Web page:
Tuesday, November 17, 2020

Breaking the mold

This weekend I tried out a plywood mold and two-part foam for building AMOS hulls. Everything went well for a while: I had the shed / playhouse heated at the right temperature (about 25 deg C), and got 5 or 6 batches of the foam properly mixed and poured into the mold. The foam expanded similar to what I had seen on the Internet beforehand, and there seemed to be a sufficient number of vent holes to relieve pressure from the expanding foam. Then I tried to take the mold apart. The interior had been lined with plastic wrap, in order to prevent the foam from sticking to the wood. Except it didn't work. The foam somehow tended to get underneath the wrap, and in some cases seemed to melt it and mix with it. I tried to hack and cut away at the wooden exterior of the mold, but only succeeded in breaking everything, including the foam pontoons. Here are some pics of the carnage:

So, yes we will be exploring some better alternatives for hull construction soon!

On a more positive note, I got some great drone footage from Yves Bernard last week. You can see a nice high definition video at this link on our website: https://www.innaturerobotics.com/videos

Or you can view the YouTube standard definition version here: 

It really showcases the capability of AMOS in shallow water!

Tuesday, November 10, 2020

The Cape Breton Tour

Last week we traveled to the Bras d'Or Lake in Cape Breton to do a small demonstration of AMOS to people from university, government, and industry. Before that though, I drove down to Dartmouth to meet up with Lawrence and head over to Red Bridge Pond for a quick AMOS demonstration to Yves Bernard, Ulrich Lobsiger, Mike Hayes, Mike Cyr, Karan Kharecha, and Eric Siegel. 

                                                  Photo credit : Lawrence Taylor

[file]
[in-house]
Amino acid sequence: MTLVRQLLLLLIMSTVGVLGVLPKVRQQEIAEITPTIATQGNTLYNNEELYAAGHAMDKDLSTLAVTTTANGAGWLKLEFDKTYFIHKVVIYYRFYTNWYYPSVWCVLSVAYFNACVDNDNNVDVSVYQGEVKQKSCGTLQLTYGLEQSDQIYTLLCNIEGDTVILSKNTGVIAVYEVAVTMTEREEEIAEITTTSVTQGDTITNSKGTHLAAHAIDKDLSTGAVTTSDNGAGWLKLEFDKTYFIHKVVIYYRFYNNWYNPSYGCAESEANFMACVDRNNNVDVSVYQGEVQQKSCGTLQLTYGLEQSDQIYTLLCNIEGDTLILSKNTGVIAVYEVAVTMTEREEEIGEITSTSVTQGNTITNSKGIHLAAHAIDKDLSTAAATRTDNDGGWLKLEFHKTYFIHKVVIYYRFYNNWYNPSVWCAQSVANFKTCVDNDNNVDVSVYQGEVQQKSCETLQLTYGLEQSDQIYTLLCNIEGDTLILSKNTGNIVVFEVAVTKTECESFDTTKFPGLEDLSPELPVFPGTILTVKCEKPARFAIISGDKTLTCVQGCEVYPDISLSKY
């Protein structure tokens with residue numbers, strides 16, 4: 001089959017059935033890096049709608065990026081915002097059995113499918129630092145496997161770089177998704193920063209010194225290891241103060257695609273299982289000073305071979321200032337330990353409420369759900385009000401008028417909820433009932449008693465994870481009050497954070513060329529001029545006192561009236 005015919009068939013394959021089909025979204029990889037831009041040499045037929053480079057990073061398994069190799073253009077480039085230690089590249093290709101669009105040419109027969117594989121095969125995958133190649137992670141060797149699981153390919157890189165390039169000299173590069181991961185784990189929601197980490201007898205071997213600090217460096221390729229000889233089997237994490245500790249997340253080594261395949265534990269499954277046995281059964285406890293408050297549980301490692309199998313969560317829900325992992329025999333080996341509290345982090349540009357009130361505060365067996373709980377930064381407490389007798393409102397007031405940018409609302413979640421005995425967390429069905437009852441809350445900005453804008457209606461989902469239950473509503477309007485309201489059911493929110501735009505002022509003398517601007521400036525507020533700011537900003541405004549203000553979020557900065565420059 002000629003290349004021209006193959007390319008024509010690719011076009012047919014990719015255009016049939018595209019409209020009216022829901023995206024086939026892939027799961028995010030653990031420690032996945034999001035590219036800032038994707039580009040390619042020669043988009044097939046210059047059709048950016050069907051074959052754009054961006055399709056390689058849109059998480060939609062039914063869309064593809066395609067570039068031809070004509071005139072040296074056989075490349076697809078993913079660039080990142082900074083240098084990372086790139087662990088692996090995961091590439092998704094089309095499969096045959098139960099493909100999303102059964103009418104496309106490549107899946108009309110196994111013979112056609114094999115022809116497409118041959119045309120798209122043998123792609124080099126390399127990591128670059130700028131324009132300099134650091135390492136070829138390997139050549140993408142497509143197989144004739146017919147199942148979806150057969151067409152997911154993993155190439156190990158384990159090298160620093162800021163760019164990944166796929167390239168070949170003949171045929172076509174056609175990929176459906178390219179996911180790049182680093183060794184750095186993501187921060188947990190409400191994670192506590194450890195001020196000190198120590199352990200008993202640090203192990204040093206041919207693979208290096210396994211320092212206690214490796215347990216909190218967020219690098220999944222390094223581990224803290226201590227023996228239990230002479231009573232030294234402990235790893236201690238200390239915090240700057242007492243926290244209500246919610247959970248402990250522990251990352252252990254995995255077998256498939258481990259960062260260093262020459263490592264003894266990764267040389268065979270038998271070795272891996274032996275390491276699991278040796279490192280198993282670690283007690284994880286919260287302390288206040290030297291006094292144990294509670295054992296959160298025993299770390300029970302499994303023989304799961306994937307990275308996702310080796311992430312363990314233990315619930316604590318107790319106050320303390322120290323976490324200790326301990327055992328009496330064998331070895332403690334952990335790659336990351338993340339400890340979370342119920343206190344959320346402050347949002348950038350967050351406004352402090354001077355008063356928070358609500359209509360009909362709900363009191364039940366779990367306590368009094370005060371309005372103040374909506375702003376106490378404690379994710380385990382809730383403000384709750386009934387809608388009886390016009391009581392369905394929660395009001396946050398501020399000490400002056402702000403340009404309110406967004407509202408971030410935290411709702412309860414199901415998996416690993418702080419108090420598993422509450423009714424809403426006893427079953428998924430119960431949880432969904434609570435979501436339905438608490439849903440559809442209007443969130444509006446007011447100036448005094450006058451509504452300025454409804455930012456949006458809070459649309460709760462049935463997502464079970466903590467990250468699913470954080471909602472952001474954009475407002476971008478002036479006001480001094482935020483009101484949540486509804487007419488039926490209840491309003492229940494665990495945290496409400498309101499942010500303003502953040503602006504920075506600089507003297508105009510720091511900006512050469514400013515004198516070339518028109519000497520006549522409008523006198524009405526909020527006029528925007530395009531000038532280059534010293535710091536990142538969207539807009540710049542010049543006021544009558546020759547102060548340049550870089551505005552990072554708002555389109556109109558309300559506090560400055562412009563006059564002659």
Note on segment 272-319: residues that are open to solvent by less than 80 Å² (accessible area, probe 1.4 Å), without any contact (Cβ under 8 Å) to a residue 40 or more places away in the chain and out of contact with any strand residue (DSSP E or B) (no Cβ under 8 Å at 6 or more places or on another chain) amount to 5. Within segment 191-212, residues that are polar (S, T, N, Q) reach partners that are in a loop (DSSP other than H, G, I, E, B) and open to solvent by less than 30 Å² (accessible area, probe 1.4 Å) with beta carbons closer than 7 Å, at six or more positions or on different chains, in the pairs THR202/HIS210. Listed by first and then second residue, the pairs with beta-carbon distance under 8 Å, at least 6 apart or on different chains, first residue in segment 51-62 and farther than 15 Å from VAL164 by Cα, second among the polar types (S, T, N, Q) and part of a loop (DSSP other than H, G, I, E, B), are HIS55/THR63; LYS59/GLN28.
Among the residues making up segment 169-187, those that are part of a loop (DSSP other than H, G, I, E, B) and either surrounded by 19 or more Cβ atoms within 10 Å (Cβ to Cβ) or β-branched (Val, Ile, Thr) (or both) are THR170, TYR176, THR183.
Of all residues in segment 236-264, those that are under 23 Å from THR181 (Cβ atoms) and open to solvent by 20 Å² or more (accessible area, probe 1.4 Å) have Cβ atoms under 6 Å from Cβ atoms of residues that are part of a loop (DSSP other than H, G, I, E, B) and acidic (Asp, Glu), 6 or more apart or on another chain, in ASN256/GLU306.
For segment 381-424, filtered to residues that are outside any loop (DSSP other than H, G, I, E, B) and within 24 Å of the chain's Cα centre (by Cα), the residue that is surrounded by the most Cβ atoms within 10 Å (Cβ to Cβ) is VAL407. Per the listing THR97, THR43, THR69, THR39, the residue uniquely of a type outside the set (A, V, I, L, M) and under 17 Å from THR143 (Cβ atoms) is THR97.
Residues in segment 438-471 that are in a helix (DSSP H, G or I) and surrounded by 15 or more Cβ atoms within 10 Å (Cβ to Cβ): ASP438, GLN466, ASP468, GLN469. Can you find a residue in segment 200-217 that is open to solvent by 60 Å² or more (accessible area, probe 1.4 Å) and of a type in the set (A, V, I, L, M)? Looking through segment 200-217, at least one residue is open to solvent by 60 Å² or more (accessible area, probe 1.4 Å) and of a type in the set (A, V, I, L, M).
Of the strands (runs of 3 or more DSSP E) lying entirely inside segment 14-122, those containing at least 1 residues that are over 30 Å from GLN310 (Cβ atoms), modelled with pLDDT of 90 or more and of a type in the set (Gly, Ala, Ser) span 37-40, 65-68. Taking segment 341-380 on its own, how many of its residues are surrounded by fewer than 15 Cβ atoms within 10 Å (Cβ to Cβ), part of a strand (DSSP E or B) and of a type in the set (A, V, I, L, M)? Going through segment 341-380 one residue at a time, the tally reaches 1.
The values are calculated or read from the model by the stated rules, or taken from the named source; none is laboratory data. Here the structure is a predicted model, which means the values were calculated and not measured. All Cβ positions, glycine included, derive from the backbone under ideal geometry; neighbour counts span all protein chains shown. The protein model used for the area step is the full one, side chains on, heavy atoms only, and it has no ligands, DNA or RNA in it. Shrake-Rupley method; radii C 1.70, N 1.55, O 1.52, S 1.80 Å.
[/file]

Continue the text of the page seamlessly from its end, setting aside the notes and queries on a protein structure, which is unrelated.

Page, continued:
The night before, I had plotted a course for AMOS to follow around the perimeter of the pond and we were at the pond about an hour before the scheduled start, so I tried it out. The planned course did not take into consideration a small island of grass that was not apparent in the map. AMOS headed directly for it, and promptly got stuck. I paddled out in the kayak and retrieved it, then plotted a different out and back course that stayed in deeper water. Once people arrived, AMOS performed well over the defined course, and Yves used his drone to get some video footage. (Hopefully the footage turned out ok - there was some question about whether the SD card used to save it had been formatted correctly.) Here is some footage captured from the AMOS video camera that was set to record a frame every time the LiDAR detected an obstacle: 

Later that day Lawrence and I drove to Whycocomagh in Cape Breton where we had rented a cottage on the shore of the Bras d'Or Lake. Here was our view from the front porch the next morning: 

                                                                                 Photo credit: Lawrence Taylor

During our stay in Whycocomagh, we were hosted by Bruce Hatcher, the University Chair in Marine Ecosystem Research at UCCB and the director of the Bras d'Or Institute. He had a Zodiac boat:

                                                                        Photo credit: Lawrence Taylor